Tips for consigning your kid’s crap.

We’re in full on consignment sale season mode right now, folks. I’ve had so many of you guys comment on awesome sales you’ve found, cheer on others when they find a great bargain, and wonder out loud to me about selling all that stuff that seems to be piling up in your house. I wrote a really straight-forward post last year about how to consign your kid’s clothing, but I thought I would update that post with a few more tips and tricks I have up my sleeve. As I shopped this season, I found myself picking things up and thinking, ‘what was this seller thinking?!’ when she priced/hung/decided to sell this?


First I’d like to talk about marketing. You may think that when dealing with used items, marketing or prepping your items might not be all that important. WRONG. Making your items presentable to a buyer is even MORE important when dealing with used items. Obviously, you want to make sure they’re clean {no stains on the sleeves, no dirt caked around wheels}. If the item is ironable – iron it. If it’s been in your attic for a year – dust it off. With clothing, when people shop, they’re looking at a really long row of clothing that is usually stuffed pretty snugly together. Are buyers really going to look twice at a $2 Circo shirt that’s wrinkled and hard to see? Probably not.

Which brings me to my next point – how you hang your items is IMPORTANT.

Hangers are important. If at all possible, make sure you’re using appropriately sized hangers. It makes your clothing look nicer, and it doesn’t stretch little clothing out. Buy wire, buy plastic – I don’t care. Just buy the appropriate size.


Once you have your appropriately sized hanger, make sure the hanger is inside the shirt. In the above photo, you can see the pumpkin onesie SO MUCH BETTER because it’s on the hanger, and not just pinned to it. Then, I pinned the matching pants to the back. This will also keep the onesie from getting wrinkled, or folded – so when a shopper is barreling through 4,000 other onesies, I know that they were actually able to see mine.

This brings me to another good point – make sure that when you pin your tag on, it’s not covering up anything important on your item. Duh.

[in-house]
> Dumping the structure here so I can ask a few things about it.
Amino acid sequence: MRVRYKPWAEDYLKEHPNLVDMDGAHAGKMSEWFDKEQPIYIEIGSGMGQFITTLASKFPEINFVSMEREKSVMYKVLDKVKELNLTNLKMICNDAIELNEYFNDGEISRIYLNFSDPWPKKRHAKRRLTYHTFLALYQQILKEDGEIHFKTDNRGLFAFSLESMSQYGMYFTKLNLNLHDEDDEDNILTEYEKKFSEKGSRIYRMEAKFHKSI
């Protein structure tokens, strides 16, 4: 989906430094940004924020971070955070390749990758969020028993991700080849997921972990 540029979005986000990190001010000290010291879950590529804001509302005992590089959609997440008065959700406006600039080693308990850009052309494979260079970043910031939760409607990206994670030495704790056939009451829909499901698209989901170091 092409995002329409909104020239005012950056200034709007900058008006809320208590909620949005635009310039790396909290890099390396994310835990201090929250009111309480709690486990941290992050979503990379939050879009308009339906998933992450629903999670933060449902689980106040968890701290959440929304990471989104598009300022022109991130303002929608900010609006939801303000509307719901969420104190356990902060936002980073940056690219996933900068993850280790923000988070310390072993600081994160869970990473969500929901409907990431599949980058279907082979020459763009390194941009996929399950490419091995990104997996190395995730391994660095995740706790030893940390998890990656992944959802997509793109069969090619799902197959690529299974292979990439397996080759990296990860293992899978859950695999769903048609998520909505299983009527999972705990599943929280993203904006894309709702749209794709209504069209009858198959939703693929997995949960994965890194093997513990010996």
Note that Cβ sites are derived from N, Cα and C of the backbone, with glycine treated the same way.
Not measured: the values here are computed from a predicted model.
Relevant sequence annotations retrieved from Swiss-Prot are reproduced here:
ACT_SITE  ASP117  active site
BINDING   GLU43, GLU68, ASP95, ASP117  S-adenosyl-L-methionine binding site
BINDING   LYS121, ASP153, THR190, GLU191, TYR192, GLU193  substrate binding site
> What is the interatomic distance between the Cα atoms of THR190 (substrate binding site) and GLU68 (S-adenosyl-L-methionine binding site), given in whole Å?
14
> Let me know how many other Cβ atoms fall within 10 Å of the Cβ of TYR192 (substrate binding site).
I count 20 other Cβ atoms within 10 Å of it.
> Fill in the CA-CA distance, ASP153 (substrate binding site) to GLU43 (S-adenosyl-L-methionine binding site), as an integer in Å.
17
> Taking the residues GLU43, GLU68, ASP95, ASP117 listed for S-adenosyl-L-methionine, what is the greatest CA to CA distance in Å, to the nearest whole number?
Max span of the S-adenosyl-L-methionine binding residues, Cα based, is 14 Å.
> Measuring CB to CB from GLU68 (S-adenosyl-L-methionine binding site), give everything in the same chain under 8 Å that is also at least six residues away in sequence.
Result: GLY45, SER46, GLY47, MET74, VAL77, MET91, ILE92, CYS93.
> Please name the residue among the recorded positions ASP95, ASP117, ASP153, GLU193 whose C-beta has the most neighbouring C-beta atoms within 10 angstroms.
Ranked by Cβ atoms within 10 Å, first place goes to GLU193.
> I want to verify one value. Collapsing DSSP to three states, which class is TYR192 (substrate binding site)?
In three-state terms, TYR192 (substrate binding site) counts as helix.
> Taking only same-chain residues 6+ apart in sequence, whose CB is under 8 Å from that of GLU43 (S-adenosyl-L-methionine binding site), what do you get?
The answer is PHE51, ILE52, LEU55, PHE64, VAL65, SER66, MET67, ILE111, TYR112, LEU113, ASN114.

What about pants? Pin pants to the TOP part of a hanger. If you pin them to the bottom, they’re going to slide around on those pins and end up at the back corner of your hanger and get stuck there, crammed back behind a million other pair of pants. I promise. If boys pants were all scrunched up at the back of a hanger, I didn’t even take the time to look at them when I shopped. Pin them to the top and they’ll stay in place and be easy to see.


When you start the consigning process, my favorite thing to do is get everything out – and then organize into like piles. If we’re dealing with clothes – pile in like sizes, and then separate the sizes into like brands. This will make putting hangers together easier. If you’re dealing with small toys, placing things into like piles will help you sort into baggies.


Once everything is bagged, pinned, sorted and prepped – it’s time to register. It’s sooooo much faster {for me} to get it all down by hand, and then go back and enter in everything online from my list. When I jot things down by hand, I make sure I’m listing: amount {2 onesies}, brand {Carters}, description {long-sleeved}, and price {$3.00}.

Pricing. Oh, pricing. I get so many questions on ‘what should I price this at’ or ‘what you pay for xxx?’. My biggest piece of advice for pricing is to SHOP YOUR OWN SALE BEFORE YOU SELL. If you’re a shopper, you’ll know what a ‘normal’ price for a pair of Carter’s footie pajamas is, and you’ll know what price is way too much. Remember, the people who shop consignment sales are bargain hunters. They know what that Gymboree shirt sold for on clearance – so if you’re selling it used a year later, it had better be cheaper than the clearance price. A Circo tee brand new is $4.50 – used? You had better be pairing it with something else and marking that thing waaaaay down.

Those are my biggest tips and suggestions. Remember, make your items stand out from the other 26,000 that are there. Make sure it looks nice, and is priced right and you can’t go wrong.


  1. nmenach says

    Thanks for this! I cannot tell you how many time I’ve gone to these sales and people are listing Circo tees or $4! They are insane, that’s what I pay brand new! And sloppy on the hanger, yeah, I don’t stop to inspect it!

  2. says

    Every season, I want to consign, and every season, I don’t. I just can not make the time to do all the prep work. And I LOVE organizing, labeling, and listing things! This season, I heard about our local sale’s “VIP consignor”. All I had to do was drop off my crap in a bin to one of the managers of the sale, and they take it from there…sort, price, hang, etc. I get a smaller percentage, but hey, it’s better than zero percent- plus I get to shop early, and really, that’s what this is all about. ;)

  3. KassKaplan says

    It is crazy the things that people will try to buy. When I’ve gone there were quite a few things that were so worn and faded and had pretty noticeable stains on them. Another place to look for when buying, the neck line. A lot of stains hide along here. I have found items of mine that were stained there from formula when I did a recheck of my items while hanging them. You may look funny turning an item every which way to look for stains or damage, but it will save you in the end. Some are hard to see in fluorescent lighting.
    Also- start early. I start prepping my items 6-8wks out once I know the sale date. It saves me from last minute scrambling to get everything done. Heck, when you are packing clothes away at the end of a season you could even take inventory then to save on your computer for later pricing.


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